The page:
“An insurgent force of about fifteen hundred, for months dominating the narrow peninsular region constituting the counties of Accomac and Northampton, and known as the Eastern Shore of Virginia, together with some contiguous parts of Maryland, have laid down their arms; and the people there have renewed their allegiance to, and accepted the protection of the old flag. This leaves no armed insurrectionist north of the Potomac, or east of the Chesapeake.

“Also, we have obtained a footing at each of the isolated points on the southern coast, of Hatteras, Port Royal, Tybee Island near Savannah, and Ship Island; and we likewise have some general accounts of popular movements in behalf of the Union in North Carolina and Ten


"These things demonstrate that the cause of the Union is advancing steadily and certainly southward."

In the development of the insurrection, Mr. Lincoln detected a growing enmity to the first principle of popular government-the rights of the people. In the grave and well considered public documents of the rebels he found labored arguments to prove that "large control of the people in, government is the source of all political evil. Monarchy itself," he adds, "is sometimes hinted at as a possible refuge from the power of the people." Proceeding from this, Mr. Lincoln said:

"It is not needed, nor fitting here, that a general argument should be made in favor of popular institutions; but there is one point, with its connections, not so hackneyed as most others, to which I ask a brief

attention. It is the effort to place capital on an equal footing with, if not above, labor, in the structure of the government. It is assumed that labor is available only in connection with capital; that nobody labors unless somebody else, owning capital, somehow by the use of it induces him to labor. This assumed, it is next considered whether it is best that capital shall hire laborers, and thus induce them to work by their own consent, or buy them, and drive them to it without their consent. Having proceeded so far, it is naturally concluded that all laborers are either hired laborers or what we call slaves. And further, it is assumed that whoever is once a hired laborer, is fixed in that condition for life.

"Now, there is no such relation between capital and labor as assumed; nor is there any such thing as a free man being fixed for life in the condition of a hired laborer. Both these assumptions are false, and all inferences from them are groundless.

"Labor is prior to and independent of capital. Capital is only the fruit of labor, and could never have existed if labor had not first existed. Labor is the superior of capital, and deserves much the higher consideration. Capital has its rights, which are as worthy of protection as any other rights. Nor is it denied that there is, and probably always will be, a relation between labor and capital, producing mutual benefits. The error is in assuming that the whole labor of the community exists within that relation. A few men own capital, and those few avoid labor themselves, and, with their capital, hire or buy another few to labor for thein. A large majority belong to neither class-neither work for others, nor have others working for them. In most of the southern states, a majority of the whole people of all colors are neither slaves nor masters; while in the northern, a large majority are neither hirers nor hired. Men, with their families-wives, sons, and daughters-—work for themselves, on their farms, in their houses, and in their shops, taking the whole product to themselves, and asking no favors of capital on the one hand, nor of hired laborers or slaves on the other. It is not forgotten that a considerable number of persons mingle their own labor with capital-that is, they labor with their own hands, and also buy or hire others to labor for them; but this is only a mixed, and not a distinct class. No principle stated is disturbed by the existence of this mixed class.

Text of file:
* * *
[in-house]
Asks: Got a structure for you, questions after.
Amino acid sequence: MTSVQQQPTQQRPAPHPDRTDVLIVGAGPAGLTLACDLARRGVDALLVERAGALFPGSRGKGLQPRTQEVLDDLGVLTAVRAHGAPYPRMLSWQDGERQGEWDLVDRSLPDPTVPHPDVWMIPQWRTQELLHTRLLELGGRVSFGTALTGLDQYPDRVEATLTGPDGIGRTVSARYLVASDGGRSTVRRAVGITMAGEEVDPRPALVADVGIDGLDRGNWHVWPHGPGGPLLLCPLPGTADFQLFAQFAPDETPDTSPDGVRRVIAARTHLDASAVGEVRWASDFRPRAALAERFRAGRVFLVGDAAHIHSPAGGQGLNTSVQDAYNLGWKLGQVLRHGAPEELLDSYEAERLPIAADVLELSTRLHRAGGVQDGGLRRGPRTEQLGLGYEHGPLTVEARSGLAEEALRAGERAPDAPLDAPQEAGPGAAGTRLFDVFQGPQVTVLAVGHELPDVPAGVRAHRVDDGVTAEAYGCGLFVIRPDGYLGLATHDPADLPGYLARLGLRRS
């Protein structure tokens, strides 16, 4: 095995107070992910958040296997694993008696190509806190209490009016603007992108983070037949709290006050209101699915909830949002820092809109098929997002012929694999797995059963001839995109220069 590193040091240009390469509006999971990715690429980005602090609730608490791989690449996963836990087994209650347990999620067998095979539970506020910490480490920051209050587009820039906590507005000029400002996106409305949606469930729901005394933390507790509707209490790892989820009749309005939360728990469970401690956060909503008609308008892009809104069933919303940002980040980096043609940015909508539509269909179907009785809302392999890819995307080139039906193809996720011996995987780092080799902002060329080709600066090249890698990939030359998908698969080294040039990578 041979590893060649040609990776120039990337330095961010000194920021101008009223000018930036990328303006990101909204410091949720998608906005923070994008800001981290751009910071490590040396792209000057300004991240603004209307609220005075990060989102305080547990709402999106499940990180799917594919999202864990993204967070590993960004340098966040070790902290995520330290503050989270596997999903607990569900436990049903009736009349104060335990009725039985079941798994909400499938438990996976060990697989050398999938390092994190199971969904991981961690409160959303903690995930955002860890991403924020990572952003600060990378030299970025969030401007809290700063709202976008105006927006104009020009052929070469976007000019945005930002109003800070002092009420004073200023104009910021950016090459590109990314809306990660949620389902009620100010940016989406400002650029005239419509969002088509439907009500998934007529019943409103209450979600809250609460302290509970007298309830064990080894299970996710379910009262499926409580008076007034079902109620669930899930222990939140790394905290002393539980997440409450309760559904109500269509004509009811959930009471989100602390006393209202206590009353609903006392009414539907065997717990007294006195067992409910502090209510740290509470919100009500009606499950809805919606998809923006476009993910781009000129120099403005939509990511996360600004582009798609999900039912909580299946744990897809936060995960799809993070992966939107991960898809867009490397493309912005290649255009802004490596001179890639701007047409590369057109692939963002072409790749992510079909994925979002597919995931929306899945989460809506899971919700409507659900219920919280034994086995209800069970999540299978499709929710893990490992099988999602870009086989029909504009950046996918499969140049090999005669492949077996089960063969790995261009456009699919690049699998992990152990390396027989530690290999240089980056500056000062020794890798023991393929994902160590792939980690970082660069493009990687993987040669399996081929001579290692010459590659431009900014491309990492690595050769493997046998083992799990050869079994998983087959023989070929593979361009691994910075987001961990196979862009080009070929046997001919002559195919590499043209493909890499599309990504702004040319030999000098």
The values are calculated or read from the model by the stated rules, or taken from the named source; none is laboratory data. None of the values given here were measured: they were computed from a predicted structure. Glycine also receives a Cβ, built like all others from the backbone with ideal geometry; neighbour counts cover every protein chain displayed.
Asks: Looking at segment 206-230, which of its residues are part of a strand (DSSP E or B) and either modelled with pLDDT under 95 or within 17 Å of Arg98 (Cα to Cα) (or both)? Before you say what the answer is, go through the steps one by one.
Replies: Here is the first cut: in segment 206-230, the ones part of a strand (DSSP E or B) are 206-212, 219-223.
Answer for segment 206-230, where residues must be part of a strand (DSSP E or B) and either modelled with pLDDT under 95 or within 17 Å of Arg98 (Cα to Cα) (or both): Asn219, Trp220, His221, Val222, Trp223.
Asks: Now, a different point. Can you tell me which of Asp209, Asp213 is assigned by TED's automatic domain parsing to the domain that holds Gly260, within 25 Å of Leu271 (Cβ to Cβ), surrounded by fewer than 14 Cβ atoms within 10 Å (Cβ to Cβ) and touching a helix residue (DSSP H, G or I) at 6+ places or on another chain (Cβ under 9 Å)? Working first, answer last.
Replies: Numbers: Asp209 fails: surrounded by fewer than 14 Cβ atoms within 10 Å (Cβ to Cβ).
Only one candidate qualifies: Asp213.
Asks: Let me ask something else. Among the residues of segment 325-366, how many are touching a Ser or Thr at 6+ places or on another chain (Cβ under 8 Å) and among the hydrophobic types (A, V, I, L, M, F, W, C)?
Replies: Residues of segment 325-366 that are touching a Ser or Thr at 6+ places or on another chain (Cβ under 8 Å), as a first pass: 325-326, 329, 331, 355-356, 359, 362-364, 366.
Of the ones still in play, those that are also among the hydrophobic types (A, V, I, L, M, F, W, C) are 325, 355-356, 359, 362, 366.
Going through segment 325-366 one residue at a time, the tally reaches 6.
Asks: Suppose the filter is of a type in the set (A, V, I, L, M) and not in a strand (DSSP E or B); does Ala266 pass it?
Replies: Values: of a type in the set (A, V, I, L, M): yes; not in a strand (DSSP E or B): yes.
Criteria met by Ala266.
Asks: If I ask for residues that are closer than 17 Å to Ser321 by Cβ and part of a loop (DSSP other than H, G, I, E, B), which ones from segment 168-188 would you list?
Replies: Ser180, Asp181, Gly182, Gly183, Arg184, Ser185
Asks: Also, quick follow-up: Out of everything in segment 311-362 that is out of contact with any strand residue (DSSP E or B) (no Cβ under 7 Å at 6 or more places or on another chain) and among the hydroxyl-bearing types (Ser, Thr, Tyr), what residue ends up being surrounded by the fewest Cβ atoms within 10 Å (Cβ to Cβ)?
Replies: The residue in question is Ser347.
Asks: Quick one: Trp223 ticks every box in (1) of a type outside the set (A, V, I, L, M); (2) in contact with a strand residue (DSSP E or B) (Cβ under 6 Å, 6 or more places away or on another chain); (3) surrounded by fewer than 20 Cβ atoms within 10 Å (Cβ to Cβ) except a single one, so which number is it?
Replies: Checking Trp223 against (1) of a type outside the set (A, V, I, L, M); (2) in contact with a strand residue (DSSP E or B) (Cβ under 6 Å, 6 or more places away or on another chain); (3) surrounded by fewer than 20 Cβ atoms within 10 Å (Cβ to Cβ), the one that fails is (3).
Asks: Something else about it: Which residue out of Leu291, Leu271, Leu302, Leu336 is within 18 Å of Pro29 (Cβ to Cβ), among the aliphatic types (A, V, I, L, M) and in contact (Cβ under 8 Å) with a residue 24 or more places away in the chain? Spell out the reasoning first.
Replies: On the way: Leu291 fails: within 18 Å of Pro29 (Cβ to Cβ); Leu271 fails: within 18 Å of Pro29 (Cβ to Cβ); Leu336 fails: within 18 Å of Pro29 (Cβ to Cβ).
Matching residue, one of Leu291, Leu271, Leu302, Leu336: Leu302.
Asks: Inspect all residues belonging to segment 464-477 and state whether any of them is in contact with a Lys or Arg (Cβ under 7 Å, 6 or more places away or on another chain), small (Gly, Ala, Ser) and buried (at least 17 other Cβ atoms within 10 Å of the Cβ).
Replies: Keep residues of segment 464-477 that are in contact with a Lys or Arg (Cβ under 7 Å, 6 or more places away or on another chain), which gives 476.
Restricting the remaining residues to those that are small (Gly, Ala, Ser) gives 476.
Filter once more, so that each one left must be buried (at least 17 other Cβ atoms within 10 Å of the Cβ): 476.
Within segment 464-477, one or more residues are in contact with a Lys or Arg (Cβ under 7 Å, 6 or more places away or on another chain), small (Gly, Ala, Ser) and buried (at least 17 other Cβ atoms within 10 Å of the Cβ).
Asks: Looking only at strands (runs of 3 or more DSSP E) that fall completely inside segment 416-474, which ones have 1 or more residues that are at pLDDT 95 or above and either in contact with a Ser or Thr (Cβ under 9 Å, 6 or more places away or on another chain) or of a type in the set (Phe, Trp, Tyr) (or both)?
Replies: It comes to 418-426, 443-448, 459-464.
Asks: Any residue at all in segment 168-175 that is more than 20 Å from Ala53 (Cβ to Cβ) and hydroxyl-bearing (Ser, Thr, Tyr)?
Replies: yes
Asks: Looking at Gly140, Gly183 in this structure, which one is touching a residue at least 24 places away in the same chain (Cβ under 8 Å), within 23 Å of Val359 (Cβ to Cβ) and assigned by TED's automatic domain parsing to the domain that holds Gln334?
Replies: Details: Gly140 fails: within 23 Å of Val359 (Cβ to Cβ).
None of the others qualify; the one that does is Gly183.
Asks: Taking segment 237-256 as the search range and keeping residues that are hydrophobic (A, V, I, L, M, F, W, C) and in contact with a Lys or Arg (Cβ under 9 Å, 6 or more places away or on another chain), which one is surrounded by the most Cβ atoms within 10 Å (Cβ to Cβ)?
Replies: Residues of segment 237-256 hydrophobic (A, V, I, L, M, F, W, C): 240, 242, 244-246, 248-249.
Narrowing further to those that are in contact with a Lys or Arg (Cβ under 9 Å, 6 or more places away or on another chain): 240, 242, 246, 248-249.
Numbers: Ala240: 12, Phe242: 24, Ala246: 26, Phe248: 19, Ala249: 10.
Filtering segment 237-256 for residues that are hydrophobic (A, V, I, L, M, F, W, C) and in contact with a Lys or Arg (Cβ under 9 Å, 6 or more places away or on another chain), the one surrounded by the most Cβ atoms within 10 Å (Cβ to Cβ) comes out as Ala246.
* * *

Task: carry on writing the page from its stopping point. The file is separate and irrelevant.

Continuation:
Again: as has already been said, there is not of necessity any such thing as the free hired laborer being fixed to that condition for life. Many independent men everywhere in these states, a few years back in their lives, were hired laborers. The prudent, penniless beginner in the world, labors for wages awhile, saves a surplus with which to buy tools or land for himself, then labors on his own account another while, and at length hires another new beginner to help him. This is the just and generous and prosperous system, which opens the way to all, gives